The Birthday Massacre

Oh great, another goth industrial band influenced by the Cure and Depeche Mode. Do they have a factory in China churning these things out or what? But wait just a second. Tortonto's The Birthday Massacre -- goofy makeup and haircuts aside -- have a way with a soaring synth hook and a powerful guitar edge that makes all the knee jerk criticism seem silly. In short, they rock. Metro spoke with singer Chibi from the road just after her first shower in days.

You do a pretty good job of mixing retro elements with a more modern sound.

I think when we write music we think about the music we listened to growing up. We all grew up in the eighties, and we feel sentimental for that time. I like that concept, of thinking back to when you were young. When you grow up it's hard to hold onto that feeling. We liked bands like The Cure and Metallica. And synthy stuff like Cyndi Lauper and Roxette. We try to put that together with what we're into now.

I don't think I've ever heard anyone namedrop Metallica and Roxette in the same sentence! That sort of comes about with the counterpoint between the sweetness of your vocals and the heavy, chugging guitars.

Ha. That's the first thing that popped into my head. I like the idea of contrast. Melody with an industrial vibe and softer, sweeter vocals. We do that with our artwork too, try to balance heavier with lighter. Scary images with cute images. We want to take two opposite things and mesh them.

How important is your visual presentation, including the fashion side, to being able to appreciate your music?

It makes things fun, I think. We try to be conscious of what we wear to keep it interesting for people who are gonna watch the show. We want to create an atmosphere for the show, for the website, and hopefully it all ties together. It's fun for us to do our hair…we want to make the effort. People come to our shows and hear something in the music and then dress up.

So what's with the weird names of people in the band like Rainbow and Chibi and M. Falcore? Is that part of the dressing up?

Ha. Chibi is my name in the band. It's an anime character from a cartoon I liked when I was younger. We picked them like eight years ago and they kind of stuck around. It's kind of fun. We try not to take things too seriously, so it's never like a pompous or pretentious thing. We take the music very seriously, some of it's dark, or whatever, but it's tongue in cheek as well. We dance and have fun on stage so it's not like this overbearing dark thing. We goof around. We don't want to be a parody.

Originally published in the Boston Metro.


"Bulls Make Money, Bears Make Money, Pigs Get Slaughtered"

Too-clever titles and Tim Burton art school reject imagery aside, this Michigan band rips through a series of heroically soaring pop metal songs on Bone Palace Ballet. Here singer Craig Owens' stratospheric voice knifes through the pounding chaos like a demented surgeon. myspace.com/chiodos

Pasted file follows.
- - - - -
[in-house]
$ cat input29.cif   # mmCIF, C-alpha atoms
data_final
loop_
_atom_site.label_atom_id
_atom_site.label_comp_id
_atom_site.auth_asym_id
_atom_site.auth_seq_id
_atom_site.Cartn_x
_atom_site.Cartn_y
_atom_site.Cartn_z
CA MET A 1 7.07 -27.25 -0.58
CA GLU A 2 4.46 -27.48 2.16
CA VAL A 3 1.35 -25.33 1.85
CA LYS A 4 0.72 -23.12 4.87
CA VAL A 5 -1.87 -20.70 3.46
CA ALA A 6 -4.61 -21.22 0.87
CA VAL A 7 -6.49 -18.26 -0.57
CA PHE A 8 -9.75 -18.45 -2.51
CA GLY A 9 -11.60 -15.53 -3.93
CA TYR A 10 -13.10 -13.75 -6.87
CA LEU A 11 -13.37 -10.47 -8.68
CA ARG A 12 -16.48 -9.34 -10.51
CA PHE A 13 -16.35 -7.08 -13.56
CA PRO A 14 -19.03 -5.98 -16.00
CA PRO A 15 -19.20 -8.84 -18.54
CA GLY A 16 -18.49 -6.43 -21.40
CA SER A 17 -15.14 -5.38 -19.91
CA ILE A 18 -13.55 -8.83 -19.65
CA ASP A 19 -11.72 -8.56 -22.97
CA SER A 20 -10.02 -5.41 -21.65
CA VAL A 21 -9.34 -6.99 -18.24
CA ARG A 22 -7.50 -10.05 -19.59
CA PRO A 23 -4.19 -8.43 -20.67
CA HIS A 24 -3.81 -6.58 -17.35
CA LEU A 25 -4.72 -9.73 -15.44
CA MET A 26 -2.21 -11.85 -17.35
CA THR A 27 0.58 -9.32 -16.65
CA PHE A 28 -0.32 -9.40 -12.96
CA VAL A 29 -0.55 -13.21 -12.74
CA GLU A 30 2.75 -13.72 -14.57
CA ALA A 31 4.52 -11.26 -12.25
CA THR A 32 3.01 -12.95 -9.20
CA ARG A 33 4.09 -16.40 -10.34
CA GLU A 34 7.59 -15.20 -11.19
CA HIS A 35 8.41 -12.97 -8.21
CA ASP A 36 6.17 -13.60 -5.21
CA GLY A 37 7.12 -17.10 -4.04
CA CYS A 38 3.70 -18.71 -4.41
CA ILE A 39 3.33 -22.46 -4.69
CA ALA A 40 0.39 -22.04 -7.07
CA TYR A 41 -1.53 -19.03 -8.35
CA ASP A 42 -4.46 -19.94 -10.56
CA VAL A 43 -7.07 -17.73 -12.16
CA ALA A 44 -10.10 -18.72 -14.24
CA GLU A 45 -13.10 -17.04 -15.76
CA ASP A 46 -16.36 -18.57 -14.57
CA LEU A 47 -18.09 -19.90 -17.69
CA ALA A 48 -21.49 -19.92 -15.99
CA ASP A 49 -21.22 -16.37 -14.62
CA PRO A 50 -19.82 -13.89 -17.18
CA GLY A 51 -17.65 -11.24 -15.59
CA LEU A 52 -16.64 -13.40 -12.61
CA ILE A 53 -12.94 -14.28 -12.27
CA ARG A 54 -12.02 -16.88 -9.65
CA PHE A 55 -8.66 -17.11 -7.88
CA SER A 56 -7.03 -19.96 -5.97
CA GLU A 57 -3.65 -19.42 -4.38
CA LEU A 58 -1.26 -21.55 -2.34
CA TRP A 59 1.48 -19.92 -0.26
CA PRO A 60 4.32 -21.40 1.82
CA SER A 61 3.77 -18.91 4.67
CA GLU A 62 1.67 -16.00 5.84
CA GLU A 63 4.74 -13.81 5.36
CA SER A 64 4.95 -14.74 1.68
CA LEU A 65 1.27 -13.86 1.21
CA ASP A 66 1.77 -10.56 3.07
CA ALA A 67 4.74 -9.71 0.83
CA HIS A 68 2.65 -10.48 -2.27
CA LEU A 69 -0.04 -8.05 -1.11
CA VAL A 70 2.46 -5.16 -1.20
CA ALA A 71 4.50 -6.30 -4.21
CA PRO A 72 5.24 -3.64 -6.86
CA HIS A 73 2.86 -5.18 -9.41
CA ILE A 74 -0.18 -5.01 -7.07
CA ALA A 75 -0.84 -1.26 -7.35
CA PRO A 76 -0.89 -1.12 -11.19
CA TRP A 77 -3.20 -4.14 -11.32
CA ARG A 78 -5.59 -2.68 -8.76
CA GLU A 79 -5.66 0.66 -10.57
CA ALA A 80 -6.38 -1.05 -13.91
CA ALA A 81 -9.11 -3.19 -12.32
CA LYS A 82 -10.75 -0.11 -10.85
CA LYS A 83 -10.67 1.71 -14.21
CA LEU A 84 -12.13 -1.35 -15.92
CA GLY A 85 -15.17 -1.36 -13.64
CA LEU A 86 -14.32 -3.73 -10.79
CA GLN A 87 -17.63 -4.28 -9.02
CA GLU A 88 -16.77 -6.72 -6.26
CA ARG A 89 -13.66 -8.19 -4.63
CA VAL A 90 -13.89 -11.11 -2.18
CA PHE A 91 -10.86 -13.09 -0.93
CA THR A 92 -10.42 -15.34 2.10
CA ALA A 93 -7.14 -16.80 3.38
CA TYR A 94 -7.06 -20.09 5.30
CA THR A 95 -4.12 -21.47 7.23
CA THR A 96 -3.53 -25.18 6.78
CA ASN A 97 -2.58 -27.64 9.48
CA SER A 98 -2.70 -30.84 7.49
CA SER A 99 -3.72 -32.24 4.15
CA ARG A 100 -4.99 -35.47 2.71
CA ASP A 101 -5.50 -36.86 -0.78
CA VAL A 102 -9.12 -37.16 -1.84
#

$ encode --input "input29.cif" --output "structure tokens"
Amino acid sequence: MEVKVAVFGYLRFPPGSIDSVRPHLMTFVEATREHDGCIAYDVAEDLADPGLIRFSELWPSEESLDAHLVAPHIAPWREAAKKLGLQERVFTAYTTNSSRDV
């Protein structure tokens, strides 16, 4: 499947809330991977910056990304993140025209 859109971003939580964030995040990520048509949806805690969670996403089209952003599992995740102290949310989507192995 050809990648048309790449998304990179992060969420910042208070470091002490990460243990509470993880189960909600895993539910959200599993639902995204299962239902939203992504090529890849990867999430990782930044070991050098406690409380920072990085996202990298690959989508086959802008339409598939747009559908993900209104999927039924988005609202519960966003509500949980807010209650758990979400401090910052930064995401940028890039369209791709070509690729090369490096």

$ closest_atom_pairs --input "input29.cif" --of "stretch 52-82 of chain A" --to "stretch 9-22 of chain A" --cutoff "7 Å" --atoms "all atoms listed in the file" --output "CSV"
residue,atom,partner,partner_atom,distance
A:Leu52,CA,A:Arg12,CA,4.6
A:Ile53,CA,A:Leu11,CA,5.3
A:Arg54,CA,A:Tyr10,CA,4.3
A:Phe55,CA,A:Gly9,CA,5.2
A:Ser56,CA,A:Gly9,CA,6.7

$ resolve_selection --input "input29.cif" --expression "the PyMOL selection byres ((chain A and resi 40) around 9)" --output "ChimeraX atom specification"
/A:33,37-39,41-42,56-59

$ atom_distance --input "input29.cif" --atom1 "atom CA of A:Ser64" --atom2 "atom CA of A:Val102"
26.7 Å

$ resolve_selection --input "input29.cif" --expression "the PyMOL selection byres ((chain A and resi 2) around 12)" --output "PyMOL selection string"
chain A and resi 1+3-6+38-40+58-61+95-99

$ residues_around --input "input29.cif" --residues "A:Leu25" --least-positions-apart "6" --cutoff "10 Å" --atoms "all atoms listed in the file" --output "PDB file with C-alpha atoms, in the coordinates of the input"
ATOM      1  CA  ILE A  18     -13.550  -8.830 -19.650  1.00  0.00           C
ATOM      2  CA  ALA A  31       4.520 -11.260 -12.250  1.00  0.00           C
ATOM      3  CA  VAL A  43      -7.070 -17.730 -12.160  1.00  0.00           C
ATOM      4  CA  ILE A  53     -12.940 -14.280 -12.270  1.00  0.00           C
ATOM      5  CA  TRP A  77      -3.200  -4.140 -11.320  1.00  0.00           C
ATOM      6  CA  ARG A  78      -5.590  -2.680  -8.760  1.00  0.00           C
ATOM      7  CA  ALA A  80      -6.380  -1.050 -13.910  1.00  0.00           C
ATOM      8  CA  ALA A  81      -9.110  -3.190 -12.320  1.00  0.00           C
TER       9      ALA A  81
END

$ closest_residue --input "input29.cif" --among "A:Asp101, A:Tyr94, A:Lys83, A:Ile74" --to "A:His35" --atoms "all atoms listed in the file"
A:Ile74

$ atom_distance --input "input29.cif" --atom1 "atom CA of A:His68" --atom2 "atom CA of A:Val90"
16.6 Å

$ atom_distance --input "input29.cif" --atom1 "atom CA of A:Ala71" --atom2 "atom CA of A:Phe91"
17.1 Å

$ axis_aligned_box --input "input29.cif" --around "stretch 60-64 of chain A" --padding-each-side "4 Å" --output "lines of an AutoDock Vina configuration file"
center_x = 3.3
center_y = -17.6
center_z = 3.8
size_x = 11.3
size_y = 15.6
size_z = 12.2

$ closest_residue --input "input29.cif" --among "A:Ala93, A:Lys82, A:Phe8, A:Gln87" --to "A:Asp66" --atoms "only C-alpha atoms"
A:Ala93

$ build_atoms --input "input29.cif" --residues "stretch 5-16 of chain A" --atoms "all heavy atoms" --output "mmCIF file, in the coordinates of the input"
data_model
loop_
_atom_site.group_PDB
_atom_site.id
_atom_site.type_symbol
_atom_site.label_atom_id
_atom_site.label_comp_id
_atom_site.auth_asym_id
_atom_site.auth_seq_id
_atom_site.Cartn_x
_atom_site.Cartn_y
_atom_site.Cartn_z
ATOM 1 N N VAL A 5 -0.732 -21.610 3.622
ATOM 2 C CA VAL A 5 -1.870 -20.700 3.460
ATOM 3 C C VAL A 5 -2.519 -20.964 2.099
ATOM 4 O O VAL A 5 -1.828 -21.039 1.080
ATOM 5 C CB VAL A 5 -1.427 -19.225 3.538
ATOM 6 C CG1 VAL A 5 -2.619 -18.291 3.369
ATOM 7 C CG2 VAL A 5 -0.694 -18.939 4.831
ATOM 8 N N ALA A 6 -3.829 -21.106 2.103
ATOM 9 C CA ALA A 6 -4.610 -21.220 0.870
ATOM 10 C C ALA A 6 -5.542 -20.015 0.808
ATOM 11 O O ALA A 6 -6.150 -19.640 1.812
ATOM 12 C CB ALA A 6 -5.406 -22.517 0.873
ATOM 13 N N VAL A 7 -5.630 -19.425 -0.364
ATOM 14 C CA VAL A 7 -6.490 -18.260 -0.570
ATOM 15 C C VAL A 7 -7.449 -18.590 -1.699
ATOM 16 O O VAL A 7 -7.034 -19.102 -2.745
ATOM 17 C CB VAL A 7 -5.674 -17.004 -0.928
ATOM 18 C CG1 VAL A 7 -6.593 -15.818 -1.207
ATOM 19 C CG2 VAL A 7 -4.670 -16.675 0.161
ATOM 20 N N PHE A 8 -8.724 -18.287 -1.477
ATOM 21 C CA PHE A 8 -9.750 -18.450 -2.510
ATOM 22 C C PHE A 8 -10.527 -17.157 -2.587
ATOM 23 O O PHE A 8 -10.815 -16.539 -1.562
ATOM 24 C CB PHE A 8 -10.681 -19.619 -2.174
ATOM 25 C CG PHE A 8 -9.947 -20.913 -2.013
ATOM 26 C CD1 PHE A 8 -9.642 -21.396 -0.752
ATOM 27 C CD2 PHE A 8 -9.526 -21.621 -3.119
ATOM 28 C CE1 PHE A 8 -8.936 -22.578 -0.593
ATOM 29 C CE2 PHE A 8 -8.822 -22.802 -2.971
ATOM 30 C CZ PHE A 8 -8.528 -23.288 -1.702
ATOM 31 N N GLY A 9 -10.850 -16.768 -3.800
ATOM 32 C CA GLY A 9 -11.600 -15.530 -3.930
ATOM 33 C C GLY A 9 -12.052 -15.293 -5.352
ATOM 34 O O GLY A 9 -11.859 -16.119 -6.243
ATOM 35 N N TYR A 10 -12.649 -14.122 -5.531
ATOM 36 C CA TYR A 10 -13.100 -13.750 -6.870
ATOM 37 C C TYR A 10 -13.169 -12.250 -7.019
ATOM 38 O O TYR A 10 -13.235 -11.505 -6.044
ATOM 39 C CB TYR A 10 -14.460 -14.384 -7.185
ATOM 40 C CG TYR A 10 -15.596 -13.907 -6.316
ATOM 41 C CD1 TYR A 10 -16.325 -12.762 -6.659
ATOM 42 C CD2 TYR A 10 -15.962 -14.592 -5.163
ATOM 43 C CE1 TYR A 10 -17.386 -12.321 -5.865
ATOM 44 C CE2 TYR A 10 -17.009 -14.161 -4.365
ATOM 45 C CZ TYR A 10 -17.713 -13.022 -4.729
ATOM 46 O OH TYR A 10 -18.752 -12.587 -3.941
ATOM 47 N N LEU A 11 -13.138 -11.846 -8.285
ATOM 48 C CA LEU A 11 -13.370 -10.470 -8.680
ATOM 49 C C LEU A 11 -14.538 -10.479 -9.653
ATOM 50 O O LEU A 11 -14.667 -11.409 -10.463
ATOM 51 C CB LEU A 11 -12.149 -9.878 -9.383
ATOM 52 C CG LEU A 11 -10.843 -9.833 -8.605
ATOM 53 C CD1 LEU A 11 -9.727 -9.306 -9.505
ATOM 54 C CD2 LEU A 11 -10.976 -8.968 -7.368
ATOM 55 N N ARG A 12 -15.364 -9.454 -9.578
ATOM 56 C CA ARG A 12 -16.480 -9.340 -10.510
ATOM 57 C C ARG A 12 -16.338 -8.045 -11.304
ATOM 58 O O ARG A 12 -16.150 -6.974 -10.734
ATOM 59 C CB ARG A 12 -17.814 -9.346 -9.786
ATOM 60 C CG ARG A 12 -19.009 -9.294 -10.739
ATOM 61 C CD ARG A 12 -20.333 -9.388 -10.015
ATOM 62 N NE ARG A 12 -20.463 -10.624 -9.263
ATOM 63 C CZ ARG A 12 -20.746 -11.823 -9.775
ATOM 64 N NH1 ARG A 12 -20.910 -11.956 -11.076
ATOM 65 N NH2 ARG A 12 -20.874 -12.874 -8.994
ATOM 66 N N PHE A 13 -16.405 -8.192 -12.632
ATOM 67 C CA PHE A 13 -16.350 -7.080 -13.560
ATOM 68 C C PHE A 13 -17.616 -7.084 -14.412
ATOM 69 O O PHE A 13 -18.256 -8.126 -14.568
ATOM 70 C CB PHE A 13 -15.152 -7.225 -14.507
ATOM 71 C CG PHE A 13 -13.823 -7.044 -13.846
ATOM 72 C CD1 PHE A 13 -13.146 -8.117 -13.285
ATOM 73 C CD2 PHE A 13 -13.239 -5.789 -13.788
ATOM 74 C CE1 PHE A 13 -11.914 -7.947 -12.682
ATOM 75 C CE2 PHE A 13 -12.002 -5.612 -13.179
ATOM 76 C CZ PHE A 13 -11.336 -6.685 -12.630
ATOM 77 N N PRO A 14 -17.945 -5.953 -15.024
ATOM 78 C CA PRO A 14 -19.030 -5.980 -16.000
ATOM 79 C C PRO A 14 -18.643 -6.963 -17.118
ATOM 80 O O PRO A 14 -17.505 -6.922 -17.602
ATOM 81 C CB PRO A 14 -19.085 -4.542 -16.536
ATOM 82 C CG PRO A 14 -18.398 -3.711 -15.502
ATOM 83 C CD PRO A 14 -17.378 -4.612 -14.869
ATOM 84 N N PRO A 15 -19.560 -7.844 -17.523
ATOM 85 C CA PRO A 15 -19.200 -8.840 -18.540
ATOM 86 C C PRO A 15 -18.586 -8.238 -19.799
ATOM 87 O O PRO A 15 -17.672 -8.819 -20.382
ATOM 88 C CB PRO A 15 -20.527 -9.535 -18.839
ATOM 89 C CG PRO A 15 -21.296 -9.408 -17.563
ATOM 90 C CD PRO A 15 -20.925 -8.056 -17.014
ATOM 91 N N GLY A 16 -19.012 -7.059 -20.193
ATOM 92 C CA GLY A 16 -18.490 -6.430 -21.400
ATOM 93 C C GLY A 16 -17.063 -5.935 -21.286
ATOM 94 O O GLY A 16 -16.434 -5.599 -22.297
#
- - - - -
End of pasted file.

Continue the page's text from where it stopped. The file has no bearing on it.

Originally published in the Boston Globe.

Tuesday Events

Unless you’ve been living in a cave on the Moon for the past decade, then you know that the New England Patriots have become the model franchise in all of professional sports. And their unprecedented run this year has turned the national sports media into a 24 hour Brady love fest. It’s almost to the point where we couldn’t read another single word about the team. Almost. First we have to finish Boston sports writer Christopher Price’s The Blueprint: How the New England Patriots Beat the System to Create the Last Great NFL Superpower. Price reads from the book today. 6p.m. Free. Borders Books, 511 Boylston St., Boston. 617-236-1444. bordersstores.com

We’d love to live by the convictions of Alceste, the antihero of seventeenth century playwright Molière’s The Misanthrope. Fed up with the hypocrisies of upper class society, he decides to speak only the truth. Of course, as is the case in comedies like this, romance tends to get in the way, and the self righteous Alceste falls for Célimène, the vain ideal of everything he hates. Funny how that works. The classic comedy directed by Adam Zahler begins with a pay-what-you-will performance tonight. 7:30p.m. $30-55. Through Feb 10. New Repertory Theatre, 321 Arsenal St., Watertown. 617-923-7060. newrep.org [Luke O’Neil]

Our friends tell us we’re funny all the time. Although we’re not entirely sure if they mean funny “ha ha” or funny “you’re scaring us, weirdo.” Perhaps we’ll take to the stage at the Comedy Open Mic night tonight at the Irish Times to figure it out. Hosted by comedian James Dorsey, the event gives up and coming talent seven minutes each to gaze into the abyss and fend off the creeping suspicion that they’re not laughing with you, they’re laughing at you. 21+. 8p.m. Free. The Irish Times, 244 Main St., Worcester. 508-797-9599. irishtimespub.com